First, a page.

110126 a016 In conjunction with my January visit to Nicaragua, I also accompanied a delegation from Augsburg College in Minneapolis, the parent organization for The Center for Global Education (CGE).   The delegation included Augsburg’s President, Paul Pribbenow, five members of the college’s Board of Regents (of which I am one), and a number of Augsburg faculty and staff members and spouses.  This occasion marked the first time that a Regents’ delegation had traveled to any of the CGE sites around the world and thus served as an important moment for that governing body.  After all, it’s more difficult to adequately consider strategic direction and investment for an organization like CGE without having any direct knowledge of its work, and the only way to really attain that is by going to where they are.  The visit proved to be invaluable to the Regents as an act of asset evaluation, of prudent stewardship.

The visit also proved to be a special one for the staff members of CGE, affording them the opportunity to demonstrate the transformative nature of their work as they carefully immerse delegates into the difficult realities of Nicaraguan life.  Their work is not to spoon-feed answers, but to cultivate questions for our own deliberation and conclusions.  Our collective reactions over the four days of traveling together suggest that the staff performed their work beautifully.  Within a week, the Regents convened at their winter meeting, in part to share their experiences and feelings about the journey.  Their reflections served as strong testimony to the personal impacts that such experiences often provide, and affirmed the importance of their first-hand observations on behalf of the Board:  in other words, good stewardship.

I remained in Nicaragua for another week after the Regents departed, visiting our current and prospective partners, trying to understand how and where Winds of Peace might make a difference, and even participating in a workshop on cooperatives which the Foundation sponsored.  It struck me that I was performing the same sort of work as the Regents: assessing the work being done and, in the process, being a good steward of the resources being employed.  I noted to myself the similarities of purpose between the two weeks, the first on behalf of Augsburg College and the second on behalf of WPF.  And it dawned on me that there is likely a third stewardship at play during any of the visits made to Nicaragua, the stewardship of hope.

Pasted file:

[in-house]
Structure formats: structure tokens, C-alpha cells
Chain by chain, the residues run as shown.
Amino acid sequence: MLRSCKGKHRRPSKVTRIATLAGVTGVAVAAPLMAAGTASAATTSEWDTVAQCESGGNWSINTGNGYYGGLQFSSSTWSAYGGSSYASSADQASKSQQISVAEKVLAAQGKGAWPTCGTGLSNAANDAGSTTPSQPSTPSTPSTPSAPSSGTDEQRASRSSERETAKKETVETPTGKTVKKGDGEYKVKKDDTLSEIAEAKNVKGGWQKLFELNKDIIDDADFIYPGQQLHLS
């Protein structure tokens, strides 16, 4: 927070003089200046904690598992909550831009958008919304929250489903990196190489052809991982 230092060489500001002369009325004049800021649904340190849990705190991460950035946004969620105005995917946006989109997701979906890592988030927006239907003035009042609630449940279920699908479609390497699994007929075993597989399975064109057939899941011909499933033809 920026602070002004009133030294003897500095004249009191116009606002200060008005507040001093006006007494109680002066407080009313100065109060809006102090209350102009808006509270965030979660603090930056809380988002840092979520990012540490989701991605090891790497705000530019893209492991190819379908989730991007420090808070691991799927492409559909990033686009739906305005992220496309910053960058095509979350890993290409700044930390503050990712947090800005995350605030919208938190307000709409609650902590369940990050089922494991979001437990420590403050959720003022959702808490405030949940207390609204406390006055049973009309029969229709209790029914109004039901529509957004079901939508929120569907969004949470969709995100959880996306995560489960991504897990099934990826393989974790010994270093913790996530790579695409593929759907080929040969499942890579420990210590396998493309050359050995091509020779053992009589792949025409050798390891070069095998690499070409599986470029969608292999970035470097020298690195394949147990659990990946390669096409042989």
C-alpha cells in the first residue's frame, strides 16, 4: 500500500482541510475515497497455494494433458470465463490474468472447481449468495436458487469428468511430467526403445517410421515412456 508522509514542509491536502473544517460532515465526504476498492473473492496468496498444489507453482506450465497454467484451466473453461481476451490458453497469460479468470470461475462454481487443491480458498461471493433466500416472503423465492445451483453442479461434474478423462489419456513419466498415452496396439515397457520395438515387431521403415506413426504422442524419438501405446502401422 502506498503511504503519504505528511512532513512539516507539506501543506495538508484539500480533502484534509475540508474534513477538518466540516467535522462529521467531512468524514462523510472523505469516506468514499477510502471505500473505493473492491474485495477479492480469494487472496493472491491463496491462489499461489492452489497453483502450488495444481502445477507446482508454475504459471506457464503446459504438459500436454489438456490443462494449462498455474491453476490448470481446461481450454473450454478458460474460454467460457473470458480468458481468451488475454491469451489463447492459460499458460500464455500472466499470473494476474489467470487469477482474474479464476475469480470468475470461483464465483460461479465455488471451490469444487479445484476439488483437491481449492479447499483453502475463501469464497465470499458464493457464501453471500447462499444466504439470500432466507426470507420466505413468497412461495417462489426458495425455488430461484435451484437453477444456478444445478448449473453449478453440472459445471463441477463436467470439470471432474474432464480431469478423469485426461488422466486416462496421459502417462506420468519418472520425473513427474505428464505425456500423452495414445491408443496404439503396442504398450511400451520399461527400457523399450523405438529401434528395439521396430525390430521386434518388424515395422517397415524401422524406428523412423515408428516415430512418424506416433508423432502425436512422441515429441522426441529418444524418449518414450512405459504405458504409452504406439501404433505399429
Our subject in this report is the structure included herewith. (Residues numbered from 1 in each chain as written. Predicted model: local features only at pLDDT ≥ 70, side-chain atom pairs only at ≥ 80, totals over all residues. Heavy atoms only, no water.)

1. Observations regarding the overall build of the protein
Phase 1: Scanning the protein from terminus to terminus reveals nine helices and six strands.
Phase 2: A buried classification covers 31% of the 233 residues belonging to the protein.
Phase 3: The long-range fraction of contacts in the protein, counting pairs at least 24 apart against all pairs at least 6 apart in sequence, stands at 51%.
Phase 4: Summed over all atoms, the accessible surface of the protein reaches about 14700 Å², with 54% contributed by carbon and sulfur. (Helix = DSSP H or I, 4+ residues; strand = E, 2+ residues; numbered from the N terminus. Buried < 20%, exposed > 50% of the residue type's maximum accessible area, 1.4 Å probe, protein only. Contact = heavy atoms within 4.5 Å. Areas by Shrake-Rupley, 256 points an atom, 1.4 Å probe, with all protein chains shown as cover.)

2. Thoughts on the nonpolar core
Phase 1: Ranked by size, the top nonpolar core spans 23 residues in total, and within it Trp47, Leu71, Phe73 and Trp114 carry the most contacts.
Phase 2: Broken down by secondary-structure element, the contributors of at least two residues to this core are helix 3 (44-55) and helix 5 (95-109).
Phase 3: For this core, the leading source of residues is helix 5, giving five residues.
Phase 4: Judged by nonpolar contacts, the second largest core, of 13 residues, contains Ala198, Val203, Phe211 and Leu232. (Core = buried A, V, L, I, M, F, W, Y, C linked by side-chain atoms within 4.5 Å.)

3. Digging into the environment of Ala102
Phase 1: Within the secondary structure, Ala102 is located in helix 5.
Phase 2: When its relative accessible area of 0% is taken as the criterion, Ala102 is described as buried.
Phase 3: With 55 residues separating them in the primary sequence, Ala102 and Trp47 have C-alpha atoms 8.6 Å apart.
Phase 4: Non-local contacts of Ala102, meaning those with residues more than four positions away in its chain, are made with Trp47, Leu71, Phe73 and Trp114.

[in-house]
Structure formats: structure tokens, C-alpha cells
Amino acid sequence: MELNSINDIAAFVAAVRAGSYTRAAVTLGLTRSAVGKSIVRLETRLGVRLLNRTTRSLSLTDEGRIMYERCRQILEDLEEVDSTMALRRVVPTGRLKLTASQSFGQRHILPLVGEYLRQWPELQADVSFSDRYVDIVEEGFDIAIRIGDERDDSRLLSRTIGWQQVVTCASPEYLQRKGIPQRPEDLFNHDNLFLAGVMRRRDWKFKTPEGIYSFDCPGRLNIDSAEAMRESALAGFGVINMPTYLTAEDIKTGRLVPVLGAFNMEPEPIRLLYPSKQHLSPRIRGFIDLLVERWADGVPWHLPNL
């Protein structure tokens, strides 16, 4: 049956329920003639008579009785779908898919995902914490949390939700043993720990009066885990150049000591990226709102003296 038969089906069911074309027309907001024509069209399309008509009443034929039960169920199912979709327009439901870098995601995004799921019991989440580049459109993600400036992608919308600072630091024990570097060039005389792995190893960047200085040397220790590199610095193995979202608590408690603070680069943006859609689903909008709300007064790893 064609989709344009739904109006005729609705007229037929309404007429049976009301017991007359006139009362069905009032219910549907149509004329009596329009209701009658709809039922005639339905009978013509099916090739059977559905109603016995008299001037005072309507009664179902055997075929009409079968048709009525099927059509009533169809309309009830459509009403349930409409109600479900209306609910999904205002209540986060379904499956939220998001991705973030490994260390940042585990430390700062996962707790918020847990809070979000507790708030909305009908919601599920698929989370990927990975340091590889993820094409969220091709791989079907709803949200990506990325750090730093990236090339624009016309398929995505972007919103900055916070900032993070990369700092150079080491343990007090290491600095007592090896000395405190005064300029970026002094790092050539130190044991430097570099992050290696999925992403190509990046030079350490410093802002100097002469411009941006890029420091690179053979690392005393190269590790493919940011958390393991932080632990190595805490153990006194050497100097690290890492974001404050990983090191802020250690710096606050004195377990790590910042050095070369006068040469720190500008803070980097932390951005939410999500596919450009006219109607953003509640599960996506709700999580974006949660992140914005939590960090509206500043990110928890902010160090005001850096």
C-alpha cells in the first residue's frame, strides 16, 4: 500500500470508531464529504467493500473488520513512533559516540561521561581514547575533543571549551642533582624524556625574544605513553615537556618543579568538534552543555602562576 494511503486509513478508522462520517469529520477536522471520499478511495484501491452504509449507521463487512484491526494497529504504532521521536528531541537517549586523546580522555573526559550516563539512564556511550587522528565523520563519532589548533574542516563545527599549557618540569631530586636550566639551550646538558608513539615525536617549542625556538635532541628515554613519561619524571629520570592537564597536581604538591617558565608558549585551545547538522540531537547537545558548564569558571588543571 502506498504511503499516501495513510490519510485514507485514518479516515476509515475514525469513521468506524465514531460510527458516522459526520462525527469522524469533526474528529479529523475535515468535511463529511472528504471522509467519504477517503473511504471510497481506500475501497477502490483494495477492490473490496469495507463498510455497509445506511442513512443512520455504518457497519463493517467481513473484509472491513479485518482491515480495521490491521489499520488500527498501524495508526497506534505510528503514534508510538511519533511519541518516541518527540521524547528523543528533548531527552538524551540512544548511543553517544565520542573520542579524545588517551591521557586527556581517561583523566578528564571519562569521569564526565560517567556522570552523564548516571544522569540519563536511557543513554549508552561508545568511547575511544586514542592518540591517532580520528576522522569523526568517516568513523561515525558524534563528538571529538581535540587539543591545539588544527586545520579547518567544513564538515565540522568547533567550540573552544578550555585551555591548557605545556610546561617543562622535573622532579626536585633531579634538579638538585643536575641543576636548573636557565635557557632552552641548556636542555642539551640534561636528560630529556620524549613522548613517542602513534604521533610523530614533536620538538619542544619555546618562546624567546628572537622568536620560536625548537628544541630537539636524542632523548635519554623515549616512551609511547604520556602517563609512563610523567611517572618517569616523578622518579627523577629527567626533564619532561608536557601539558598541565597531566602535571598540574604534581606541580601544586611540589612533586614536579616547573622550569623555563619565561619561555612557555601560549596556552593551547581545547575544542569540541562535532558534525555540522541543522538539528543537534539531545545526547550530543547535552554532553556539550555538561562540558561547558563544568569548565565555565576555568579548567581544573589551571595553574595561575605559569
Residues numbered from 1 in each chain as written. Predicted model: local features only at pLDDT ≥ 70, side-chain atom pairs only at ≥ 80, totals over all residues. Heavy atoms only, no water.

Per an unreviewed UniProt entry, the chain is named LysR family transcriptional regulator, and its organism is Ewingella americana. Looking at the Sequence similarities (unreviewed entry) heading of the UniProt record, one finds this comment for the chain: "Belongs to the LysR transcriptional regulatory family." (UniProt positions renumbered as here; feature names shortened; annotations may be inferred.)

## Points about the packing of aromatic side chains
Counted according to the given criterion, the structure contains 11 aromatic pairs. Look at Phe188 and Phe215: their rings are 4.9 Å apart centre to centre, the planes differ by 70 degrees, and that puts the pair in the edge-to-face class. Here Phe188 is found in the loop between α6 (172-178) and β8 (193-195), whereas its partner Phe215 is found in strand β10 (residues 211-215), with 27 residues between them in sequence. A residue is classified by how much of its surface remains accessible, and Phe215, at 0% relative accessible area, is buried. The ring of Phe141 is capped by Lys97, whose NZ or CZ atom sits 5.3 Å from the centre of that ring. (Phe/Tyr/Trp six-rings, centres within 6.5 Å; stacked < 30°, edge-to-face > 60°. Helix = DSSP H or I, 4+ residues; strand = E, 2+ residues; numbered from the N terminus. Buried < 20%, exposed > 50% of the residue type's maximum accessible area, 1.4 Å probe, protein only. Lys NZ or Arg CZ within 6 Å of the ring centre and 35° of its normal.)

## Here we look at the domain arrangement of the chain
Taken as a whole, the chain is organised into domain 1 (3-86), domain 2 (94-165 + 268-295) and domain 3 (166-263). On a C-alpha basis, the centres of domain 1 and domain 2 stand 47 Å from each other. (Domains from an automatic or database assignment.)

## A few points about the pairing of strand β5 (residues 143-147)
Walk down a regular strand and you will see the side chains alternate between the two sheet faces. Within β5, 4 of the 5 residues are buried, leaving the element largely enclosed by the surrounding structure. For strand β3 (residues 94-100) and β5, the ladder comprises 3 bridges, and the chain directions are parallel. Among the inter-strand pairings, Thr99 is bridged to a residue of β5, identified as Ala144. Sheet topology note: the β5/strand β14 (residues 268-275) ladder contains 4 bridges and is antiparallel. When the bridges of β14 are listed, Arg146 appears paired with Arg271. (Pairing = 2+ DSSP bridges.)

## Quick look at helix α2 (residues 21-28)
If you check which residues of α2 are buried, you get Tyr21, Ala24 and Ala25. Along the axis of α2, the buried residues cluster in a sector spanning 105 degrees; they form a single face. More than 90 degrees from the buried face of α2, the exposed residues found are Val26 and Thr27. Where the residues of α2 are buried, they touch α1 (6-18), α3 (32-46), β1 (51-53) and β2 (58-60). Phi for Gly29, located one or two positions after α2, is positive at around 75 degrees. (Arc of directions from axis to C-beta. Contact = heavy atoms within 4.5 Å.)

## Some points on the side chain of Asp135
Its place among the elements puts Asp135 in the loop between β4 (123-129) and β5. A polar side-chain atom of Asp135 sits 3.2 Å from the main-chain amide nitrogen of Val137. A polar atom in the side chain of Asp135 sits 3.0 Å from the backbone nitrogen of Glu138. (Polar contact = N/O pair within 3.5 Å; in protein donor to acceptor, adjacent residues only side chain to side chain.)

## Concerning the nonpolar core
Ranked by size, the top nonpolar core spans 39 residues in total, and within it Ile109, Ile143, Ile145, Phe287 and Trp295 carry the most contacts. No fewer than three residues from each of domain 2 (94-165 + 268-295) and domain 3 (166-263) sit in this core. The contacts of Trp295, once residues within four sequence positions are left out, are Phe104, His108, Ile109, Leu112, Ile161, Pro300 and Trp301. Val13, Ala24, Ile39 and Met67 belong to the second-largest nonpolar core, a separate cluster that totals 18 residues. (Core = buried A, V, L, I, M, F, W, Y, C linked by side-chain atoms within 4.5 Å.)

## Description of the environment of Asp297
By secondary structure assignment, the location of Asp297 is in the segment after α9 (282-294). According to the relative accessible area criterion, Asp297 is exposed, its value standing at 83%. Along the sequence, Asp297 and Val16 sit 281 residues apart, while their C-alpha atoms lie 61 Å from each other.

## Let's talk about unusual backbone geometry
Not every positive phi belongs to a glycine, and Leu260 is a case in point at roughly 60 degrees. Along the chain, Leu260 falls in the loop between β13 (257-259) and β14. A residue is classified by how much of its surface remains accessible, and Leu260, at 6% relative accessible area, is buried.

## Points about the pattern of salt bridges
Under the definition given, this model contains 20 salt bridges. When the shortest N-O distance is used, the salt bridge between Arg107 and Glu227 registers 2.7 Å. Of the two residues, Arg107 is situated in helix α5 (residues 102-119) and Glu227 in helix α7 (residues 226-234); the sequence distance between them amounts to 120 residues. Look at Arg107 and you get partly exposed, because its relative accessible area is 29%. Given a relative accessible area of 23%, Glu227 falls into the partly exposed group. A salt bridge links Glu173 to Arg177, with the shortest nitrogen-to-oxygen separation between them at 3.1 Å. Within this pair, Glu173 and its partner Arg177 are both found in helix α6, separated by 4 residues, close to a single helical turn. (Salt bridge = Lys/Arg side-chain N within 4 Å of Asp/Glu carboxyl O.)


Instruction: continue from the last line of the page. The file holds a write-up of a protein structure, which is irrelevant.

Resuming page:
Just as Augsburg Regents are the keepers of the CGE asset and WPF staff are the keepers of Foundation resources, anyone who has the chance to travel to a land like Nicaragua and discern the realities there is a keeper of something valuable: the notion that somewhere in the world there are people who care about what happens in such a place.  For Nicaraguans, knowing that someone else has witnessed the struggles of their lives is a comfort.  To those who daily face the uncertainty of how to survive an oftentimes friendless circumstance, the commodity of caring is priceless.  It is a gift to be given by those of us who can, a wealth which conscious stewardship calls us to share.  It is an accompaniment which transcends material aid, a development not of economy but of the spirit. 

I’m pleased that Augsburg Regents are looking after the “jewel” that is CGE.  I’m privileged to be watching out for the use of Foundation resources for sustainable impact.  But likely the more important work for each of us is being a good steward of optimism and good faith, which our neighbors in Nicaragua so desperately need….

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